Developers install and run local IDEs directly on their local machines. They also have to download and install various additional libraries depending on their coding preferences, project requirements, and development language. While local IDEs are customizable and do not require an internet connection once installed, they present several challenges:
- They can be time consuming and difficult to set up.
- They consume local machine resources and can slow down machine performance significantly.
- Configuration differences between the local machine and the production environment can give rise to software errors.
Developers use cloud IDEs to write, edit, and compile code directly in the browser so that they don't need to download software on their local machines. Cloud-based IDEs have several advantages over traditional IDEs. The following are some of these advantages:
Standardized development environment
Software development teams can centrally configure a cloud-based IDE to create a standard development environment. This method helps them avoid errors that might occur due to local machine configuration differences.
Cloud IDEs work on the browser and are independent of local development environments. This means they connect directly to the cloud vendor's platform, and developers can use them from any machine.
Building and compiling functions in an IDE requires a lot of memory and can slow down the developer's computer. The cloud IDE uses compute resources from the cloud and frees up the local machine’s resources.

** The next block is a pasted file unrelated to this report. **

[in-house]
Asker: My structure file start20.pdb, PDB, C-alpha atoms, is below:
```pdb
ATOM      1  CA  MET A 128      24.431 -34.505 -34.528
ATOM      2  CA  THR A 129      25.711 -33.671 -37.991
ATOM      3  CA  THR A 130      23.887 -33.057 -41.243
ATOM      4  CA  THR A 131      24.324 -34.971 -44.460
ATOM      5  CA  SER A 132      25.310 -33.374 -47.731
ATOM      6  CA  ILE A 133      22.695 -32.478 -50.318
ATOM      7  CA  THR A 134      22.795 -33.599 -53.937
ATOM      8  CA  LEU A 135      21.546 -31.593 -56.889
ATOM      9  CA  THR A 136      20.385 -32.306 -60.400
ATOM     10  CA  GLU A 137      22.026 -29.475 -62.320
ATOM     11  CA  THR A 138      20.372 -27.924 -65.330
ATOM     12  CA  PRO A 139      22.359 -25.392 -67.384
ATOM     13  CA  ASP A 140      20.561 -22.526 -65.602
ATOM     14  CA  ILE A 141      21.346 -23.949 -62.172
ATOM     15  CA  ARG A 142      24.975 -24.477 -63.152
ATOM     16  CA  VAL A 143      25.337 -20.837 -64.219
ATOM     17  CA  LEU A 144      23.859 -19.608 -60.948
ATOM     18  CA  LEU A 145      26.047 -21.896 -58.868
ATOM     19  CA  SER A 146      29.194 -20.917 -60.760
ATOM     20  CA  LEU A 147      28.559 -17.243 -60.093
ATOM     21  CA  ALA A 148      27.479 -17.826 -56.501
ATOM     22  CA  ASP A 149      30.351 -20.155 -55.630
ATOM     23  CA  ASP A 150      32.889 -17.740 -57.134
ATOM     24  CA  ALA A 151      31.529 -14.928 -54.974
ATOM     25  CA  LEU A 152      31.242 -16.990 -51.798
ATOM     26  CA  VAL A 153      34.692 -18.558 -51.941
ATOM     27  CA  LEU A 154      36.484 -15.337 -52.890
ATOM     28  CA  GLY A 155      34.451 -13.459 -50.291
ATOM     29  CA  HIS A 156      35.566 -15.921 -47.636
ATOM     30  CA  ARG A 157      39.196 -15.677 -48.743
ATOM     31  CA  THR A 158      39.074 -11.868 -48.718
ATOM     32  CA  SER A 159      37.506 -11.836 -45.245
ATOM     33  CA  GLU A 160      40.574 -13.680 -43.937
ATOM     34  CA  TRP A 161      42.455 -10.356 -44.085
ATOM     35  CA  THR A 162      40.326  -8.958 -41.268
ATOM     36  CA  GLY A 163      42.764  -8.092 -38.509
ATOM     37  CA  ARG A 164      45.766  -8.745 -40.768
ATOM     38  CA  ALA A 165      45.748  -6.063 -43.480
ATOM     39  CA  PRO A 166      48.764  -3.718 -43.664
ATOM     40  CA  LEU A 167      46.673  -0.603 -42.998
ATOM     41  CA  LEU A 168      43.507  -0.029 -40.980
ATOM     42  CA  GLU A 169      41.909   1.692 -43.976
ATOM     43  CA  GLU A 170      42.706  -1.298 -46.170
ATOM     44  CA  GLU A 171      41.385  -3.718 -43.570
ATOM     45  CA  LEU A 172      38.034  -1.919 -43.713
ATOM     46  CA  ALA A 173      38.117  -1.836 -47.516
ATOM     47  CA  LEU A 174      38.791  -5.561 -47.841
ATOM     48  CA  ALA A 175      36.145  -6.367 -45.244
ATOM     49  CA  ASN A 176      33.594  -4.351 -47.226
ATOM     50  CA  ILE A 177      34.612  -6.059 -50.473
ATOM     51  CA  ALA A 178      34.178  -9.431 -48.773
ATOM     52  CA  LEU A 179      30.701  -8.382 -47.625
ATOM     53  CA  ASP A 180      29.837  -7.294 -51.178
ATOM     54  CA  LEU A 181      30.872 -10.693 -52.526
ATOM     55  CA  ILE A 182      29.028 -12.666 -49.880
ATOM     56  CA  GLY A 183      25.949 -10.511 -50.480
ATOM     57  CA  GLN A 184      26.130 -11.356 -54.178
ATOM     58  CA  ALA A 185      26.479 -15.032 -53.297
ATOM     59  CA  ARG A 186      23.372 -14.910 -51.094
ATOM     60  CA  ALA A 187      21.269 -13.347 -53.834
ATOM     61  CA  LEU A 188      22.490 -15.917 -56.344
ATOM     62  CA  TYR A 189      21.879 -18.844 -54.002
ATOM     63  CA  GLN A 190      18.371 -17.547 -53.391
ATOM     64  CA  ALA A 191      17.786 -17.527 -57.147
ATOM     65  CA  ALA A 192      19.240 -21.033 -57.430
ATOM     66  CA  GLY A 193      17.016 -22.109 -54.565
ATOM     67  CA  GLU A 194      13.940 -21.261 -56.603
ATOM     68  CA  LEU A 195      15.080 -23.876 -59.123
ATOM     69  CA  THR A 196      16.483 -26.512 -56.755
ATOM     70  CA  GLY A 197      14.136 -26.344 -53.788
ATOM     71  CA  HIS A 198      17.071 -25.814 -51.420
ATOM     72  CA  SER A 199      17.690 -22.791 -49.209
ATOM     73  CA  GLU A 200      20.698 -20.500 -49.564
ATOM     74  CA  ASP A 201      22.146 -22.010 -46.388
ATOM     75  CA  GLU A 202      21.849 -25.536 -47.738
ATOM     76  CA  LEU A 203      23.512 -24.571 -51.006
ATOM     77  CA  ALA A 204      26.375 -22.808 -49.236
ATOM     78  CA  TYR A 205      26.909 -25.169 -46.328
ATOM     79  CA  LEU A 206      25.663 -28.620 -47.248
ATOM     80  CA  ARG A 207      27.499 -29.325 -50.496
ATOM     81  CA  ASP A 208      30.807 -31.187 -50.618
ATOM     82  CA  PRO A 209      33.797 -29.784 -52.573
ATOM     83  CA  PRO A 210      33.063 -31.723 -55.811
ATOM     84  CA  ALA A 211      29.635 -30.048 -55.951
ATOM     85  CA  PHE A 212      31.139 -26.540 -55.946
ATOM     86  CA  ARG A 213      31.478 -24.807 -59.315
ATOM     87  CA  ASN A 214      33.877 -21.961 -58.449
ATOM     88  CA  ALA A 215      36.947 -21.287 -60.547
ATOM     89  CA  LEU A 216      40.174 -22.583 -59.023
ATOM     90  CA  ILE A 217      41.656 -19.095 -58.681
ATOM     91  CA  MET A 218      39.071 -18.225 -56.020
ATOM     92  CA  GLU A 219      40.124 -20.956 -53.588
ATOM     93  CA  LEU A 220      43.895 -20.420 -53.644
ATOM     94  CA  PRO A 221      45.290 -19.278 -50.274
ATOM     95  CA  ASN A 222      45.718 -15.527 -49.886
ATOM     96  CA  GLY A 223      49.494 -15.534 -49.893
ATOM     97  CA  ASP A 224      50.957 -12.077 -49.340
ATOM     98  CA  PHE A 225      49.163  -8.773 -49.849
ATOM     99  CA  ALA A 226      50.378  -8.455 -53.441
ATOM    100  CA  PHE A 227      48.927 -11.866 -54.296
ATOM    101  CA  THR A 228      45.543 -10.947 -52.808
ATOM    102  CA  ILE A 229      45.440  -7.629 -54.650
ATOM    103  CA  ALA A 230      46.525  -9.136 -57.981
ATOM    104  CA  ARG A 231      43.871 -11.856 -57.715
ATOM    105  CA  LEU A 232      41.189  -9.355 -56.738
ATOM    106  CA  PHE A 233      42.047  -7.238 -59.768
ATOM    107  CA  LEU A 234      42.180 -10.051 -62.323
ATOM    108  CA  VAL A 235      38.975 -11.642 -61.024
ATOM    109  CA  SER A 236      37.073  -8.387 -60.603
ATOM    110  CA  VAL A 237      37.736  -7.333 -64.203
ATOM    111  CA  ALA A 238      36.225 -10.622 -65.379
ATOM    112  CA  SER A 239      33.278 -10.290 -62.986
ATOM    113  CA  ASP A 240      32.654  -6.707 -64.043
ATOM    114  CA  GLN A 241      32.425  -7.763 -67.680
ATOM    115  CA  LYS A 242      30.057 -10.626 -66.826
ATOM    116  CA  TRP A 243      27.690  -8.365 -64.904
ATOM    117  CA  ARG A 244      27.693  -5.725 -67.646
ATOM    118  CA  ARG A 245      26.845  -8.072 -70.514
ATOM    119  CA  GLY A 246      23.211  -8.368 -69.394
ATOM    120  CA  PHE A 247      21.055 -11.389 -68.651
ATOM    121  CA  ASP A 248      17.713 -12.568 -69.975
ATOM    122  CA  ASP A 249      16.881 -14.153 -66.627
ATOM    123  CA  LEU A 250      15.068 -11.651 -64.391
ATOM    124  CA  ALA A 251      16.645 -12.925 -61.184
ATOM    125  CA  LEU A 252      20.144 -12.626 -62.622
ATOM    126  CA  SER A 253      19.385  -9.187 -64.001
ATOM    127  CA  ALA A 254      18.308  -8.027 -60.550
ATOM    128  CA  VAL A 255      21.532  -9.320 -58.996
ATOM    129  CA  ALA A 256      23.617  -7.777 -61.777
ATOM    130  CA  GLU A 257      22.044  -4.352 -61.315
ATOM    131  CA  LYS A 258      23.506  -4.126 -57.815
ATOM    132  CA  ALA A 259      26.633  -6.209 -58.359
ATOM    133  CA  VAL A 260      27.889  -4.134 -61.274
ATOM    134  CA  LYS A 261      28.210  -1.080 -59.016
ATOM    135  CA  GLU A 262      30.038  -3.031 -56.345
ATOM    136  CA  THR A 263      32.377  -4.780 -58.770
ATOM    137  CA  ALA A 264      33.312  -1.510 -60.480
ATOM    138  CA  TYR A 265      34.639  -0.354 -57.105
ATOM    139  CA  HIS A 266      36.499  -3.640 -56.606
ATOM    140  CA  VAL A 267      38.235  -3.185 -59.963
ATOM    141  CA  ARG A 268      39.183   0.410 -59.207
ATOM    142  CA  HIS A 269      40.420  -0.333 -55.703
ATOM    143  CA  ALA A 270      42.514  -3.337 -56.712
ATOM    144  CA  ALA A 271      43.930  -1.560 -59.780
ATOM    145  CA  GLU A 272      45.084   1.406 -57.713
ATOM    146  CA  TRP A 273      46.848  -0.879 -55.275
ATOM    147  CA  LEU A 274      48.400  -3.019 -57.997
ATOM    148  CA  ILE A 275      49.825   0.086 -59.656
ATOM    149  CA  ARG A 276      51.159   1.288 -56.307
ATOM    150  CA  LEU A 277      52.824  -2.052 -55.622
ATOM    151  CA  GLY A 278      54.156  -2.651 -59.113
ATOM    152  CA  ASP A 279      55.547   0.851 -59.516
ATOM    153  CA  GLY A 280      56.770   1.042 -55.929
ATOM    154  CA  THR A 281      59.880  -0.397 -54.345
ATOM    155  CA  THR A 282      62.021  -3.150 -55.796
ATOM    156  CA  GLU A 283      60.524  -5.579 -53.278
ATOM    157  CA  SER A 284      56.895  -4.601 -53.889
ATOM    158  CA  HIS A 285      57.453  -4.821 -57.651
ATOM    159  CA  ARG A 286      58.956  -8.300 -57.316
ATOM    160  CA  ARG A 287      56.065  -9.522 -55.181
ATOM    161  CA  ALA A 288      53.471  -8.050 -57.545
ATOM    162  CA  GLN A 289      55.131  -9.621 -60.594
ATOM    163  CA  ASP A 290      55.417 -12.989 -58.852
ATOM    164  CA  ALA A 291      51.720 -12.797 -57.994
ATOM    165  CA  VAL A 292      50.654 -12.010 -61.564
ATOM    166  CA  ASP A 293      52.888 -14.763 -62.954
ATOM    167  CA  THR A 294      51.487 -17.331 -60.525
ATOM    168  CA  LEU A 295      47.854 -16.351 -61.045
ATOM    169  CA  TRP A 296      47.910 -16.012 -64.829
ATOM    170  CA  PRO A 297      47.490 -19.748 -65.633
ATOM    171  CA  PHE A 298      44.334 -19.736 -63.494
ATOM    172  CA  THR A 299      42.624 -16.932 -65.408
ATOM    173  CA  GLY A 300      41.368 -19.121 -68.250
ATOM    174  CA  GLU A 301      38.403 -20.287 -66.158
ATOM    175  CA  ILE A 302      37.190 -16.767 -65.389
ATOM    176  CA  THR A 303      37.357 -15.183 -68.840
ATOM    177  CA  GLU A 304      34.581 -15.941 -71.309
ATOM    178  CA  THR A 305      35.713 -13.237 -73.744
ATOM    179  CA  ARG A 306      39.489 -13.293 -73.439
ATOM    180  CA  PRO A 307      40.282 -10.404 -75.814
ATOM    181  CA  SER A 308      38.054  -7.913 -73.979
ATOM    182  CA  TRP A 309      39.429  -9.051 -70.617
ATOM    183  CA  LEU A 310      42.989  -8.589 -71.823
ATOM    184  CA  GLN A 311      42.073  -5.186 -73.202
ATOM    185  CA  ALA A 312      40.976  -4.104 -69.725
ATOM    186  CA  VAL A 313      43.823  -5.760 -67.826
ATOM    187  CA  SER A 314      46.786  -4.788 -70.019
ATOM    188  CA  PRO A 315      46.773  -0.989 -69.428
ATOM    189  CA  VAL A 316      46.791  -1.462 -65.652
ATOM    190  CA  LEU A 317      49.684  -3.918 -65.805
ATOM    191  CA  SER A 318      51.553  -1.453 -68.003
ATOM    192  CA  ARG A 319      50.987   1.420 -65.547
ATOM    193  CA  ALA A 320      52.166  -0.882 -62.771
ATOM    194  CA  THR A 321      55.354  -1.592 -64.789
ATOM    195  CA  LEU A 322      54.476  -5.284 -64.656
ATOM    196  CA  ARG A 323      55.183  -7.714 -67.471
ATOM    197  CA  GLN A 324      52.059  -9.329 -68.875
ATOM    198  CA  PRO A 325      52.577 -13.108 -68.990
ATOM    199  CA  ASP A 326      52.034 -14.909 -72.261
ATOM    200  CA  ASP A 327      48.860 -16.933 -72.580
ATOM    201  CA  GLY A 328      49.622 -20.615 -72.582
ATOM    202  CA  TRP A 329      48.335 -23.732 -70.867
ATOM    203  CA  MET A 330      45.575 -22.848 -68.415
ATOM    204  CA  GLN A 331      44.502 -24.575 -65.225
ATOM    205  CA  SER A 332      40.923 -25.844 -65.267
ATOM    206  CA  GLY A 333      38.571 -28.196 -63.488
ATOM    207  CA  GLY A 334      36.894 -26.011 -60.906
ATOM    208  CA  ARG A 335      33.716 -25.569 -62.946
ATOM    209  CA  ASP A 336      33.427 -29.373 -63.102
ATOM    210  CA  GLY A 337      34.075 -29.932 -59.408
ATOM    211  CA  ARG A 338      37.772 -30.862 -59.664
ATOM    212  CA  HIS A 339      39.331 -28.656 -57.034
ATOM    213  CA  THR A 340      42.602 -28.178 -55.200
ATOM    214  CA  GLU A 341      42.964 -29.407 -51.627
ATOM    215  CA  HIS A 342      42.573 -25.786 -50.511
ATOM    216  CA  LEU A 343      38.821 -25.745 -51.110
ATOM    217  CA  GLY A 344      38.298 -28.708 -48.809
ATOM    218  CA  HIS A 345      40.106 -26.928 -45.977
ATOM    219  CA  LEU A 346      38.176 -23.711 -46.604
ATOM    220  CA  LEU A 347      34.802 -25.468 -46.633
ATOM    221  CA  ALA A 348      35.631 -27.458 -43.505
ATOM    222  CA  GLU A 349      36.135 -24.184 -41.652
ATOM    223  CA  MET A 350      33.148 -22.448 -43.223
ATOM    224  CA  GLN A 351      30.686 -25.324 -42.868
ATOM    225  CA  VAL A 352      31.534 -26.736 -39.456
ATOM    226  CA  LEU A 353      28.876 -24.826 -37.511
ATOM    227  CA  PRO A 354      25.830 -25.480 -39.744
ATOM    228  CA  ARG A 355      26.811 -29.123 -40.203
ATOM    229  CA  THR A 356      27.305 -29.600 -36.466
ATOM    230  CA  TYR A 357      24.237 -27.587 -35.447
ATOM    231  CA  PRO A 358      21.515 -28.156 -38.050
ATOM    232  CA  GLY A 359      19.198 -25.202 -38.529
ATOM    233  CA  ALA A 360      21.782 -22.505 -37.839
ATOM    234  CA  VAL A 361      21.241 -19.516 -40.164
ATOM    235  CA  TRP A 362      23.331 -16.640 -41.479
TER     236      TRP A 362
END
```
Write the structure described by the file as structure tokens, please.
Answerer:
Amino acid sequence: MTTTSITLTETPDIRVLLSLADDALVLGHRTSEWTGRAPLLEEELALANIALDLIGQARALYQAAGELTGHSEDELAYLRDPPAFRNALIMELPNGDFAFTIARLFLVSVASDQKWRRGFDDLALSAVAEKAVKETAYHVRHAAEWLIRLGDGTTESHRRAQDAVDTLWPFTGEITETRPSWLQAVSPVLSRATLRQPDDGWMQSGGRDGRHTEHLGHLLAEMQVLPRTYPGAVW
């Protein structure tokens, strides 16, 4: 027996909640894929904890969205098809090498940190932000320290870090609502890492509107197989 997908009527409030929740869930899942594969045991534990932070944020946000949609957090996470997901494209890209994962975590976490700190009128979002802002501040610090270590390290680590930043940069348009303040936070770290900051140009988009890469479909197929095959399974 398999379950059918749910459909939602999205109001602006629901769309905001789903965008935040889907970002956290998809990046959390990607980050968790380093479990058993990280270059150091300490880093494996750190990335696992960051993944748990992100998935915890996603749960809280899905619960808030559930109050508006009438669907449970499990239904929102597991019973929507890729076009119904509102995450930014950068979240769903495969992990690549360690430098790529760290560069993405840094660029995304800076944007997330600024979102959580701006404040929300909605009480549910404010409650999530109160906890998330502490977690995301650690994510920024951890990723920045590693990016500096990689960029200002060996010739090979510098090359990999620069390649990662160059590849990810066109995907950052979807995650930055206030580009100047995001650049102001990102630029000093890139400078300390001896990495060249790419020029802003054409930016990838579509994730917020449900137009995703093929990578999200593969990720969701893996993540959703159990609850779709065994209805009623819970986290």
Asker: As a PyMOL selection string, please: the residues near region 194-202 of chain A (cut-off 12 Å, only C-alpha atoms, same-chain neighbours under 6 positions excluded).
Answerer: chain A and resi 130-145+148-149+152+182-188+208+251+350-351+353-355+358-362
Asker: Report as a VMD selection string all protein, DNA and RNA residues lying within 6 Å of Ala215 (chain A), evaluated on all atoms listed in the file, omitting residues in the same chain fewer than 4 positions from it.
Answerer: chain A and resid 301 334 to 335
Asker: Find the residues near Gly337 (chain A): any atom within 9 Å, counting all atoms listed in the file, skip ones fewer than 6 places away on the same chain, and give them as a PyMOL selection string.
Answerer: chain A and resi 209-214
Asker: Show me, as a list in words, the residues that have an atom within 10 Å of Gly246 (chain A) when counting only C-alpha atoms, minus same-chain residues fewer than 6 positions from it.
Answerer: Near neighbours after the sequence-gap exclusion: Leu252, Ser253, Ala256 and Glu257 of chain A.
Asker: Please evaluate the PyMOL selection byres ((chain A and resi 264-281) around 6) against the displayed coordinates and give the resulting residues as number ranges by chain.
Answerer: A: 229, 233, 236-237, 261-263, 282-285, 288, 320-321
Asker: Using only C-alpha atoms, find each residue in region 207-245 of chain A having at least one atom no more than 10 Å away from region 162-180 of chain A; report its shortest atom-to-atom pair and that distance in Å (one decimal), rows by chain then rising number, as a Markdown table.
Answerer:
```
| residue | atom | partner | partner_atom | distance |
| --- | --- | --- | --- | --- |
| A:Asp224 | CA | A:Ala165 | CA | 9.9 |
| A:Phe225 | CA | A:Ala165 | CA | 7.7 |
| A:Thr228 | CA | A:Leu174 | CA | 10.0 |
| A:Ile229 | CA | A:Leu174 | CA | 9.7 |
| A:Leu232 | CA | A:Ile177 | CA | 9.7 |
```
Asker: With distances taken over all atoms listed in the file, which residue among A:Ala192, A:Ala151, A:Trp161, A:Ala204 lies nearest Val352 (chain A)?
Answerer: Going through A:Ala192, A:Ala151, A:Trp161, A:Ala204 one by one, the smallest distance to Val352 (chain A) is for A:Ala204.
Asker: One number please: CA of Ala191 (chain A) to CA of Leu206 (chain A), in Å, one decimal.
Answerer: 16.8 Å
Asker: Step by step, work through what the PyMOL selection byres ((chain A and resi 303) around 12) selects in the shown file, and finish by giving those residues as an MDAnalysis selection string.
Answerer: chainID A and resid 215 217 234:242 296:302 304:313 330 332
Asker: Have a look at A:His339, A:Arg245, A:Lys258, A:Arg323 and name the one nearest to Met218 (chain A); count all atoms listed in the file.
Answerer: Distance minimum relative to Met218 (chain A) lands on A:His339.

How should I choose an IDE?
You can find many modern integrated development environments (IDEs) on the market with a range of features and different price points. Many IDEs are open source, or free to use and configure. The following are some criteria to consider when choosing an IDE:
The programming language
The programming language you want to code in often dictates the choice of an IDE. Dedicated IDEs have automation features that particularly suit the syntax of specific languages. On the other hand, multi-language IDEs support multiple languages.
The operating system
While most IDEs have multiple versions for different operating systems, they might work better on specific platforms. For example, some IDEs can perform optimally on the Linux platform but might be slow or difficult to use on other platforms.
The three common features in most IDES are the source code editor, build automation, and debugger. Additional features may vary and can include the following:
- Code editor UI enhancements
- Automated testing features
- Code deployment support via plugin integration
- Code refactoring support
- Application packaging support
Some IDEs include the ability to customize workflows to match a developer's needs and preferences. You can download and use plugins, extensions, and add-ons to customize your programming experience.
What is AWS Cloud9?
- Code completion based on standard libraries
- Connectivity to any Linux server platform
- Built-in image editor
- Integration with AWS CodeStar for faster application deployment on AWS